China employment lawyer

China employment law is technical and getting technicaler (yes, I made up that last word but you know what I mean). See China Employment Law: Local and Not So Simple. It is one of the most consistent problem areas for foreign companies doing business in China and it has become a massive growth area for our law firm. As we are always writing, China wants harmony and China is a communist country. Combine those two and you have a country that wants to keep its workers happy, especially as compared to your run of the mill foreign company that operates in China and competes with Chinese businesses.

All of this combines to mean that if you have employees in China or you are thinking of having employees in China it is of paramount importance you have at least some understanding of what is required of you as an employer in China. This book, for the low low price of less than $20 in paper form, gives that to you. It is also sold as a Kindle version for $9.99, but you really should spend the extra $10 to be able to have it in physical form in your office for you and anyone else to be able to consult easily whenever necessary. I am writing about this book again today because we just learned that it is now available at Barnes & Noble as well as at Amazon.

Disclaimer: This book is written by our lead China employment lawyer, Grace Yang and we get a cut of every sale.

Our typical attorney-client interaction on China employment laws usually goes something like this:

  1. Foreign employer company contacts one of the China lawyers at my firm because it terminated an employee and that employee has either sued or threatened to sue, oftentimes over a technical violation by the foreign employer.
  2. One of our China employment lawyers looks at the case and determines the foreign company employer violated Chinese law in the termination and the employee would almost certainly prevail in his or her claim. See China Employee Terminations: Don’t Get Lazy.
  3. We explain the above to the foreign company employer and we learn the company is violating China’s employment laws with all of its employees.
  4. The foreign company employer wants its violations excised.
  5. We then conduct an employer audit to determine what other employment problems need fixing. See China Employment Compliance and Audits: THE New Big Thing.
  6. The employer audit invariably generates a laundry list of problems that require fixing.
  7. We fix the employment law problems, one by one.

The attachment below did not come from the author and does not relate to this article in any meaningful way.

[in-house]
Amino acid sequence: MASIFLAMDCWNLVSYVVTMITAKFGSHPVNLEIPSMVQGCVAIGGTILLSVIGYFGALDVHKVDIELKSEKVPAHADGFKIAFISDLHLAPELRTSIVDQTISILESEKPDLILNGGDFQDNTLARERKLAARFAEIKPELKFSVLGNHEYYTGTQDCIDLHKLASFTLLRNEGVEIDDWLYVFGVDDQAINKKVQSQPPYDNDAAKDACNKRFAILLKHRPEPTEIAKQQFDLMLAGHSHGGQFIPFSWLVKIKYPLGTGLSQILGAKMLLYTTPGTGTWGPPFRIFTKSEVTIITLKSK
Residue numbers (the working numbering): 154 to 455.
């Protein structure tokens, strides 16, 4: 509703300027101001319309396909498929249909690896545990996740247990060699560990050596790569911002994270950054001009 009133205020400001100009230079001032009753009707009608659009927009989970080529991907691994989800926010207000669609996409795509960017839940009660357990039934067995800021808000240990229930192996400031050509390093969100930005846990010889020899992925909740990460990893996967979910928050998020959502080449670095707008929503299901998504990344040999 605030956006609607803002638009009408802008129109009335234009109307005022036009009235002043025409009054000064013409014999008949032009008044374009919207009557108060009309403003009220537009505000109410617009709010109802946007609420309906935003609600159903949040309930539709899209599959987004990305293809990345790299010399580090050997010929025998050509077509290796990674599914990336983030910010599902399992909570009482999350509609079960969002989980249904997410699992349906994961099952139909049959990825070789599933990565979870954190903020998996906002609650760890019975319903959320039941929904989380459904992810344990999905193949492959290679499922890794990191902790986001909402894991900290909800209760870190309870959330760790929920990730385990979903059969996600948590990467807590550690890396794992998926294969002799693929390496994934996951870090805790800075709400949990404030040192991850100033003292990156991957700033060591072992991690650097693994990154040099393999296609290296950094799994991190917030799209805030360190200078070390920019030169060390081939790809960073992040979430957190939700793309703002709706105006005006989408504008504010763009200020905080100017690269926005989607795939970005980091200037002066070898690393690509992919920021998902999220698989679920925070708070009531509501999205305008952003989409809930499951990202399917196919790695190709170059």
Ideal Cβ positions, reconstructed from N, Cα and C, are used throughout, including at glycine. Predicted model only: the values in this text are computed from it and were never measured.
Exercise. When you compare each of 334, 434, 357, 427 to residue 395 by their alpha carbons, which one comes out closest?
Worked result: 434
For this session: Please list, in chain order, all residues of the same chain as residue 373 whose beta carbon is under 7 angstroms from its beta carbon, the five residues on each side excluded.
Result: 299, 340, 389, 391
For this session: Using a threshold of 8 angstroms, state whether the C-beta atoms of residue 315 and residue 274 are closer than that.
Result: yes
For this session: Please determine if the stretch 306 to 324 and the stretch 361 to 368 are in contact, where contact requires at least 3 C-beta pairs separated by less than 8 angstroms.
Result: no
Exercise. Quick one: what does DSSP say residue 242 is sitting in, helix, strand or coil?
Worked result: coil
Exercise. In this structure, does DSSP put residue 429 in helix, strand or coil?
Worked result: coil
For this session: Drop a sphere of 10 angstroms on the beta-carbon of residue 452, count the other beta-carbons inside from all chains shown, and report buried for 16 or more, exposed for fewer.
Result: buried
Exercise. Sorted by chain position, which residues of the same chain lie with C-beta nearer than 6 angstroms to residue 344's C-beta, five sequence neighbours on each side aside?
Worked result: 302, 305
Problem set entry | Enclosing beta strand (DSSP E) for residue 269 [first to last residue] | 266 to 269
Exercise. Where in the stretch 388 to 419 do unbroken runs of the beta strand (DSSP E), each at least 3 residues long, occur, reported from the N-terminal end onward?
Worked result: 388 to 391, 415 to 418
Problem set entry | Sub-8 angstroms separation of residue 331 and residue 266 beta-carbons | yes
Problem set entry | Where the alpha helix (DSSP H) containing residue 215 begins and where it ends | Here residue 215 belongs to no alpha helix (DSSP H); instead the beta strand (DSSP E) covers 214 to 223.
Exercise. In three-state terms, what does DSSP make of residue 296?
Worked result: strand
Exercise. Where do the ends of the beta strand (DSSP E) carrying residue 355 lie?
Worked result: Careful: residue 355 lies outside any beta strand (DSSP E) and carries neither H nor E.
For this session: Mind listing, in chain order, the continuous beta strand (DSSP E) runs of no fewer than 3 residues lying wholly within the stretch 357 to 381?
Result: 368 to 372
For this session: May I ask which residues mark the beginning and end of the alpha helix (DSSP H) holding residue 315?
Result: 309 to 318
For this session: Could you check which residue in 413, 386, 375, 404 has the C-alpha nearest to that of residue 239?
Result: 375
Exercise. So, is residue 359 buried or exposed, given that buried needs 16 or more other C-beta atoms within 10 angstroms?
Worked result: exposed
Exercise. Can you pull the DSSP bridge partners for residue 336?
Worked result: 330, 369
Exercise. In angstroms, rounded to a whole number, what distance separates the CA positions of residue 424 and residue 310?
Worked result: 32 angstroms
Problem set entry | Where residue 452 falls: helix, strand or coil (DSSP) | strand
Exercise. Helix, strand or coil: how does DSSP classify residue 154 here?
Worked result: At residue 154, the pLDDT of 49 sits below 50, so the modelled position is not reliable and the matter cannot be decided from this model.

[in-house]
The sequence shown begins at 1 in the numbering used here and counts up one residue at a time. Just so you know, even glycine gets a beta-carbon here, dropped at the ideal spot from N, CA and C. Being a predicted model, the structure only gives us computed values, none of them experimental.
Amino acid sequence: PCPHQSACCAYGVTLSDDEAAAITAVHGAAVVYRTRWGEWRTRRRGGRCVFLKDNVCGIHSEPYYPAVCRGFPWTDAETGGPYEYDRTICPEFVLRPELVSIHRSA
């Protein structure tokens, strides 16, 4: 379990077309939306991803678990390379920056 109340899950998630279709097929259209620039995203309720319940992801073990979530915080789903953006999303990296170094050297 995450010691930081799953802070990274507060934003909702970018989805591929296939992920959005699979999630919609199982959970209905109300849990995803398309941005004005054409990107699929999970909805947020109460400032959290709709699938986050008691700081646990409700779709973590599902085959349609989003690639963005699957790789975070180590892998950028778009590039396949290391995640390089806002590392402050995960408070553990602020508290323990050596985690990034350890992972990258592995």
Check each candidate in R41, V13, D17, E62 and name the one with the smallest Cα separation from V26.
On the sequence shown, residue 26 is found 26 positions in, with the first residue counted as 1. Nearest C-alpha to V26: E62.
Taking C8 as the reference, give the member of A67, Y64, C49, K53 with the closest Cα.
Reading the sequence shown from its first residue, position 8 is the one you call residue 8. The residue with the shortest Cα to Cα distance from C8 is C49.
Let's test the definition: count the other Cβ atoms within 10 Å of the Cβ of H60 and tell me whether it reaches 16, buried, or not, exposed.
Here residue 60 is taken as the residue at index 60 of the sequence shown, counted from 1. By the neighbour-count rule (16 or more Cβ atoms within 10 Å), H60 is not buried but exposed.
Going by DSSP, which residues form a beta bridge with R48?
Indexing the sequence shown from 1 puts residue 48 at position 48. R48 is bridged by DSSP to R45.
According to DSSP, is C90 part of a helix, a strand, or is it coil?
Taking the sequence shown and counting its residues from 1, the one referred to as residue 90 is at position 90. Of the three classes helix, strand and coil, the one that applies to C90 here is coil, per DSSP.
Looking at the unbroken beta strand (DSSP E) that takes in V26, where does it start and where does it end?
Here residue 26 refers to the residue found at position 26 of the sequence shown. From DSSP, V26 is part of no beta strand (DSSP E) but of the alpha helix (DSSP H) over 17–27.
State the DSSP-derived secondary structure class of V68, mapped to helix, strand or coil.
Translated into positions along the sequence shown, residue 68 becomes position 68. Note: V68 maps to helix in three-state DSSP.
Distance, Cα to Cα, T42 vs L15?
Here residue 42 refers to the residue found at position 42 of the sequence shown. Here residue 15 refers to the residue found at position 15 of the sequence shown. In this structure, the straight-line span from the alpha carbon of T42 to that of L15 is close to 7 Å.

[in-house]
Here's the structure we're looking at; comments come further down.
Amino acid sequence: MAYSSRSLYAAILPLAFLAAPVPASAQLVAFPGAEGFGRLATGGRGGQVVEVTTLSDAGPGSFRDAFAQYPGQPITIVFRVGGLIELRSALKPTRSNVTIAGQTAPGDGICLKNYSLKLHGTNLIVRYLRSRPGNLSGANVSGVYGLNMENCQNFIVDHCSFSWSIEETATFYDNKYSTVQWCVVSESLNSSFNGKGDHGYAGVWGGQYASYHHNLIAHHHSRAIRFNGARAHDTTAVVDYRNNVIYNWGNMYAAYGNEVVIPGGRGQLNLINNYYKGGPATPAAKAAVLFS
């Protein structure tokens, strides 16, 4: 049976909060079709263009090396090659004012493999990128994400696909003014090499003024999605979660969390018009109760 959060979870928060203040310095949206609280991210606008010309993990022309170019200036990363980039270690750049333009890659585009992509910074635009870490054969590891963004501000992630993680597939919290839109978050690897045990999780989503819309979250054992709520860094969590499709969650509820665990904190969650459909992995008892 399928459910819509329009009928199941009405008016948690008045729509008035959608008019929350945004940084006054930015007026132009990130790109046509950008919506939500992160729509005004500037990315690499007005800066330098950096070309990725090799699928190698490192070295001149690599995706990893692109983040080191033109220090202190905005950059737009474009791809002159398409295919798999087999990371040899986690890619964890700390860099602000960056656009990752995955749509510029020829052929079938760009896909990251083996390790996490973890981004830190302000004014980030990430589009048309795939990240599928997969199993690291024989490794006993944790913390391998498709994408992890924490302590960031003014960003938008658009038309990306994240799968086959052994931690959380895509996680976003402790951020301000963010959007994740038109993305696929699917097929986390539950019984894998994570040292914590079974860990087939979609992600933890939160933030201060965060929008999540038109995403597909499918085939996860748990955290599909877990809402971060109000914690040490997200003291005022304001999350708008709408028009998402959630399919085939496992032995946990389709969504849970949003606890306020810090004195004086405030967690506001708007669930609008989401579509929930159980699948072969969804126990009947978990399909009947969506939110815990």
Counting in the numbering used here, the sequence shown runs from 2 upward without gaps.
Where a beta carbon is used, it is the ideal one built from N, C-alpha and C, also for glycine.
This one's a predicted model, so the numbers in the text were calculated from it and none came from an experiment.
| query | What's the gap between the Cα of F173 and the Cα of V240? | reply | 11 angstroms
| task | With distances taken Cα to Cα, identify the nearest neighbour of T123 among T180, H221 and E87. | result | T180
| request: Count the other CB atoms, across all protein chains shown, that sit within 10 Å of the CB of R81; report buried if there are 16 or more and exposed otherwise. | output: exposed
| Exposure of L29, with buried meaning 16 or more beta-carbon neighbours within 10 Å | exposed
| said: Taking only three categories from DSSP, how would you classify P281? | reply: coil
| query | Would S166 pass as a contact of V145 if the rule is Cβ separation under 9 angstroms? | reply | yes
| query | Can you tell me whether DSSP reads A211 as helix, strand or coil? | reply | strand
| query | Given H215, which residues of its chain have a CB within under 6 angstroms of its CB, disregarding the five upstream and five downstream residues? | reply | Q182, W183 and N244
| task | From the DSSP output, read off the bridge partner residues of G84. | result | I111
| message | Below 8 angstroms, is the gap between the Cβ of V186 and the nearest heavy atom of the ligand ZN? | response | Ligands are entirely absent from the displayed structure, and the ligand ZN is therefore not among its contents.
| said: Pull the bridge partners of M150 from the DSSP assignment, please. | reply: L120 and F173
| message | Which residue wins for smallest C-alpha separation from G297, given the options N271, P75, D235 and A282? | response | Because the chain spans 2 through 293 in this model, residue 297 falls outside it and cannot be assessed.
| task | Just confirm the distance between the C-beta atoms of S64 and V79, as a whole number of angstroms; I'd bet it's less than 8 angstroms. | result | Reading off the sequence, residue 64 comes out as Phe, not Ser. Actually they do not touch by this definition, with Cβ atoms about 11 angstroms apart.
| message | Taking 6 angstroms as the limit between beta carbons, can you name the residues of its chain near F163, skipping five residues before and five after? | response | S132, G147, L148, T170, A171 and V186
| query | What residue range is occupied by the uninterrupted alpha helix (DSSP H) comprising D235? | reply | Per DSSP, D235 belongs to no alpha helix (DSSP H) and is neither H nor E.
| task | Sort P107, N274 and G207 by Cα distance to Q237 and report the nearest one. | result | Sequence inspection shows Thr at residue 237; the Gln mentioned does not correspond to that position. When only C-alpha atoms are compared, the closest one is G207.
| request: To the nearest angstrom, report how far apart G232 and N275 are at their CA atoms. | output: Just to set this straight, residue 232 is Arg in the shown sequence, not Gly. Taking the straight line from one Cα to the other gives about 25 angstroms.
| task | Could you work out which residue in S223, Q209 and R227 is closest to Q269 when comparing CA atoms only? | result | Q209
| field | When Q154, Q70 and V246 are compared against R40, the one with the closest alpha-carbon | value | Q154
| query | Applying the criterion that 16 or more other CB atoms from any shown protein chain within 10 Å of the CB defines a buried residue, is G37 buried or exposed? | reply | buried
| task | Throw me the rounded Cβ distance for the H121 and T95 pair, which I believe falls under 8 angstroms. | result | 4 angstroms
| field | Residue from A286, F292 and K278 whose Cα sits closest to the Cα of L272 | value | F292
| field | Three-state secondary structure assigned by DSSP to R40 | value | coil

Foreign company employers have so many employment problems in China not just because China has started getting so tough with such problems and not just because there is probably but one employee in all of China who does not understand the leverage they hold over foreign employers –and that one employee probably will immediately find a lawyer who will tell them of their employee rights? The small to mid-sized foreign company typically goes into China with maybe one or two foreign employees and one or two Chinese employees, none of whom know anything about Chinese employment laws (on the local, regional or national level) and all of whom are — naturally — focused more on getting the business off the ground than on complying with the letter of the multiple sets of China employment laws. And anyway, at this point they are usually a tight-knit group of founding employees who view themselves as much as founders as they do employees and who all get along with each other and view their futures with the company as bright. As the company grows, little to nothing changes on the China employment compliance front, mostly because nobody realizes how important it is to make the changes and because even if they did, there is nobody in-house who knows how to do it. Plus, why spend money on complying with obscure employment laws when there has never been a problem necessitating that? So employment law compliance gets kicked down the road.

But then a problem arises and a China attorney at my firm gets called — usually by someone high up in the U.S. or the Europe or the Australia office as opposed to someone on the ground in China. The person who calls us is often the head of HR, the CFO or the CEO who is trying to find out what is going on with HR in China and is receiving only vague or nonsensical responses and is starting to worry.